This month, Pulse focuses on Infant Mortality. Infant mortality prevention is a priority of Title V programs nationwide, and states and communities employ a variety of strategies to address this critical maternal and child health (MCH) issue. In addition to the Title V MCH Services Block Grant, the Healthy Start Initiative is another significant federal investment in infant mortality prevention. I caught up with Stacey Cunningham, Executive Director of the National Healthy Start Association (NHSA) here in Washington, DC, to talk more about the topic of infant mortality and the work of Healthy Start programs and the National Healthy Start Association.
MIKE: Stacey, thanks for being a part of this month’s issue of Pulse on infant mortality. Healthy Start is
a major player in addressing this difficult MCH problem. What do you see as some of the key ways that Healthy Start works at the local level to improve birth outcomes?
STACEY: Thanks Mike, I am so proud to be working with my fellow Healthy Start family to lead the charge on this issue. As you know, this is the 20th anniversary of Healthy Start and for the last two decades, the Initiative has made great strides in improving birth outcomes. For example, at our recent briefing on Capitol Hill we heard how the Central Hillsborough County Healthy Start had a 30 percent reduction in pre-term birth between 2002 and 2007 and how Harlem, because of the Healthy Start project, has seen a significant reduction of its infant mortality rate from 27.7 in 1990 to 6.1 in 2008. Not to mention that in 2007, 13 Healthy Start projects reported no infant deaths and 10 projects reported none in 2008 and 2009. This is fantastic news! We know that Healthy Start’s success is largely due to how closely they work with the community to receive guidance on the design of the program, ensuring that the services adequately meet the needs of the individuals being served. Healthy Start also keeps the consumer/client at the core of this work. Projects ensure that the voices of their families are heard and that they are intricately involved with the program. Thus, it is not surprising that many return to work or volunteer with the Healthy Start project as a case manager or home visitor. This is what I love most about Healthy Start, the strong commitment to involve families in the programs and services being delivered.
MIKE: That’s great news indeed, what a success and these are great examples. Now let’s talk about collaboration. What are some ways that Healthy Start programs can best connect with state Title V programs to address the issue of infant mortality?
STACEY: Addressing this problem really does take collaboration between local, state and national partners. Within states, Healthy Start programs are a key resource for state Title V directors in the states that have Healthy Start sites. Our projects and state Title V staff can partner to tailor programs that meet the needs of specific communities, which is really helpful. Although Healthy Start is in 105 communities, we know there are so many more places that need a Healthy Start but do not have one. Title V plays a vital role in addressing infant mortality and can help reach those families in these areas where there is not one. Healthy Start is a great resource on best practices and for what is working in the community and Title V is a great resource for what is happening at the state. Each should continue to tap into these networks to effectively meet the needs of families in this country. We are all striving towards a common goal of reducing infant mortality, so let’s work better together to make it happen.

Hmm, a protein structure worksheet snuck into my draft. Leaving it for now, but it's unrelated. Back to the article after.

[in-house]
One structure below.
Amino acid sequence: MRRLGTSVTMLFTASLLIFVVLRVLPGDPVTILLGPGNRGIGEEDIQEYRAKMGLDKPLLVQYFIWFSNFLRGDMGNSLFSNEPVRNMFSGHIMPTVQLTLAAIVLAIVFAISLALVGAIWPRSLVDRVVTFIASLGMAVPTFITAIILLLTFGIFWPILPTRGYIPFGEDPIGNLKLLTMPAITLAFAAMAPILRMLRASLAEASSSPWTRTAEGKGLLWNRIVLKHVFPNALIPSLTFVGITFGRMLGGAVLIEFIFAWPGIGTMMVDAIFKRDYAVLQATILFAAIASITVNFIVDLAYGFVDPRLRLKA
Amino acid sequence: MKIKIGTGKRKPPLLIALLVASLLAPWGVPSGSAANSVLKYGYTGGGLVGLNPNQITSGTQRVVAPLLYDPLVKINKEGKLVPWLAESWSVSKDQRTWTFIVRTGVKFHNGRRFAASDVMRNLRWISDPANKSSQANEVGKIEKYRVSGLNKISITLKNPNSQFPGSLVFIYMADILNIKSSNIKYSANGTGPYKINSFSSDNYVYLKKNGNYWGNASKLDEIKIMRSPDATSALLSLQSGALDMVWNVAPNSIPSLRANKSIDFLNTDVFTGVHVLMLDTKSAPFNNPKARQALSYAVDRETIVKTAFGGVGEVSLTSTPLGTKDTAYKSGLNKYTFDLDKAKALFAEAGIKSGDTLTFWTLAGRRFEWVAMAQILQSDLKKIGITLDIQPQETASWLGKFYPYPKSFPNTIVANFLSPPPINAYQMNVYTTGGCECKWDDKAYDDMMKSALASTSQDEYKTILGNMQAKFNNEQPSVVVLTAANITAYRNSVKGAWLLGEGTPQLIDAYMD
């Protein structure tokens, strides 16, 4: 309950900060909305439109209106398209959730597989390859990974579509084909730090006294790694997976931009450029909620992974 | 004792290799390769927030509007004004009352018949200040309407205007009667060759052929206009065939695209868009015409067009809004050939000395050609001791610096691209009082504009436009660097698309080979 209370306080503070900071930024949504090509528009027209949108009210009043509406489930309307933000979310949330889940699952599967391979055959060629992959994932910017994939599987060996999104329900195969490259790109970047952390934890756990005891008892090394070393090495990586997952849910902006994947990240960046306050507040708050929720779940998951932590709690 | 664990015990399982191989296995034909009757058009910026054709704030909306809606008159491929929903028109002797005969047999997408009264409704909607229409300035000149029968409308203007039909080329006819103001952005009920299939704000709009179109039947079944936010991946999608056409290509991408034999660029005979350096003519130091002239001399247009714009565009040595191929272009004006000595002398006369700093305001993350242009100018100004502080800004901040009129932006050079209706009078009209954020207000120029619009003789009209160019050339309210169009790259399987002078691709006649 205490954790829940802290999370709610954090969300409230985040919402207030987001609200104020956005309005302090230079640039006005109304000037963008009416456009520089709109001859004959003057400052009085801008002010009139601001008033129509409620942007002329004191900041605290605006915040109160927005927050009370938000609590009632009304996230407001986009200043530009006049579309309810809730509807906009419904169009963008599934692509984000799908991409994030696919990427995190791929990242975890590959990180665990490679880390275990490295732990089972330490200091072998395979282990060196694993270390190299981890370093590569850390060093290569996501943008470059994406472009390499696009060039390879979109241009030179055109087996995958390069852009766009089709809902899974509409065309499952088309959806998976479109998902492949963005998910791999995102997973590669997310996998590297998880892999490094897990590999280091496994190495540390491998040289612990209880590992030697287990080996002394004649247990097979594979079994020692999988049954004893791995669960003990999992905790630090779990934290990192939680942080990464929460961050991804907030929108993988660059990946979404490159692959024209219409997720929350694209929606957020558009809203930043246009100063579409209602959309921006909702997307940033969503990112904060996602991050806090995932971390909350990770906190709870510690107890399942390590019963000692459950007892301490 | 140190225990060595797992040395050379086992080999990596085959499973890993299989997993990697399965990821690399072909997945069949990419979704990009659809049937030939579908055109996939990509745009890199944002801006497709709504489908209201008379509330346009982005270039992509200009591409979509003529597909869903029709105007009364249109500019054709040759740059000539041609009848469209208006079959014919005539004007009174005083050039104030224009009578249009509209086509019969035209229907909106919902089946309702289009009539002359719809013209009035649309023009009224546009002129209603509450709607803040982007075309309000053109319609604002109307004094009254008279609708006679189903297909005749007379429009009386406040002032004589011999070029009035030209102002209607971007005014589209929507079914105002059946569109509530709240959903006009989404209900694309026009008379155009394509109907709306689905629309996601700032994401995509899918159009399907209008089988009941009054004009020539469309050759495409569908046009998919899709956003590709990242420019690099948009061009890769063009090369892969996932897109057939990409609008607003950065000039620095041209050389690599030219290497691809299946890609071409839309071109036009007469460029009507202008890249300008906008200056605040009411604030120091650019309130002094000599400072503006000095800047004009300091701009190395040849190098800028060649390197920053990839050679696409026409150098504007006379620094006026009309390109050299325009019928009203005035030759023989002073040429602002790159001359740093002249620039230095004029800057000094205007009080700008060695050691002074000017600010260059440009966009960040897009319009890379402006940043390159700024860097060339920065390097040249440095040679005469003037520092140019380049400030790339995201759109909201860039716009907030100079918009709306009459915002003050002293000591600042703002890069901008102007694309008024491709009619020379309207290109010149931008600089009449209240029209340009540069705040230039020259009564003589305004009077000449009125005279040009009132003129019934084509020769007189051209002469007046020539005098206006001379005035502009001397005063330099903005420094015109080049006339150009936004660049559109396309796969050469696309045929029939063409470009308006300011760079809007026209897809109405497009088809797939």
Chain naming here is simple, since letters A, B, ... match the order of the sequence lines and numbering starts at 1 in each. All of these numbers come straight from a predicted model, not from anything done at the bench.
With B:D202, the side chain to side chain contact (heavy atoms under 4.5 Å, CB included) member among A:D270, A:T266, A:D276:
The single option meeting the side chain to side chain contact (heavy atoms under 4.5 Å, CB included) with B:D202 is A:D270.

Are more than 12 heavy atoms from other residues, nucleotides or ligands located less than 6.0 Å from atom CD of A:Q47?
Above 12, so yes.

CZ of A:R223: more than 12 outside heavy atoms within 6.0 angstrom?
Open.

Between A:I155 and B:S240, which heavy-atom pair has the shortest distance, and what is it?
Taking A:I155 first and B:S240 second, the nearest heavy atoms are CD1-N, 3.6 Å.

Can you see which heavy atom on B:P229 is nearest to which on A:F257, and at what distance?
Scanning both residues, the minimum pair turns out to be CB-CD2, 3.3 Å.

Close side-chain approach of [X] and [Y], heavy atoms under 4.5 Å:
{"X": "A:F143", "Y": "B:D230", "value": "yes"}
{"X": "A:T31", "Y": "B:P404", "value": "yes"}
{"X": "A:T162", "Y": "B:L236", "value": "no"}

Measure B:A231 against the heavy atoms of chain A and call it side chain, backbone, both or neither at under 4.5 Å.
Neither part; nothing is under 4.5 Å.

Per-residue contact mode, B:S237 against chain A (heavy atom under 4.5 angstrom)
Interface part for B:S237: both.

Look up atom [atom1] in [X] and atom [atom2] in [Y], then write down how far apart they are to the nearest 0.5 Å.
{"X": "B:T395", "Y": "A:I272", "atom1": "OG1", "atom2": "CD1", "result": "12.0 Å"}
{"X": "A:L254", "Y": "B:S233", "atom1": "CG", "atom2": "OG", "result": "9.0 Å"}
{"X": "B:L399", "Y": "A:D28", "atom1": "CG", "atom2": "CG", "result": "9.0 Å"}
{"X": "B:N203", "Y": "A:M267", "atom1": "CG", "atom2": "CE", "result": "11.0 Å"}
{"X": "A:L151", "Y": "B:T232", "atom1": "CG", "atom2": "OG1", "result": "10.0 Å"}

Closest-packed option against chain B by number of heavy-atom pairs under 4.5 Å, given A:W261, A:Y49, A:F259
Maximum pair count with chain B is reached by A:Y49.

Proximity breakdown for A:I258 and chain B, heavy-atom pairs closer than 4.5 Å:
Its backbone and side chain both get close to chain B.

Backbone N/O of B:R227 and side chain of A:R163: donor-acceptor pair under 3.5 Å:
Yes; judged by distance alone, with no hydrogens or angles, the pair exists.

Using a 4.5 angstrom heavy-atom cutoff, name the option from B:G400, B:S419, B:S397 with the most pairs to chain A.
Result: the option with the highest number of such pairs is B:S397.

MIKE: Certainly there is a tremendous opportunity for our members to work together. I think it is exciting that we share similar goals and that the work of our members is so complementary. What are some ways that you think AMCHP and NHSA can continue to work together as partners at the national level?
STACEY: Well, as you know, we do so much together here in Washington, Mike. It seems like we are always at the same meetings, aren’t we? I think that both of our organizations want to collect and share best practices and innovations that we are learning about in the states and at the community level. Collaboratively, we can share insights from programs that we support together – such as our joint Partnership to End Disparities in Infant Mortality that we work on with CityMatCH and the W. K. Kellogg Foundation. We can continue to encourage our members to attend not just our national conferences, but local and state events where they can learn what is happening in MCH from each other. And as it pertains to policy and advocacy, I think we have a shared interest in assuring that both of our programs, and the others that address MCH issues, are recognized as essential and supported by Congress. I think there are lots of ways that we can work together – the joint meeting of our Executive Committees and potentially our Boards is another great way to move our shared goals forward. Both of our organizations have a commitment to improving the health and well-being of families and working together can only enhance what we are each aiming to do for states, communities, moms, dads and, of course, the children.
MIKE: I definitely agree that we have started on some great initiatives together. Stacey, thanks for all you do and on behalf of AMCHP please share our thanks with your Board and your members!
STACEY: I definitely will Mike and I truly appreciate the chance to be part of this issue. Thank you for your continued leadership in the field.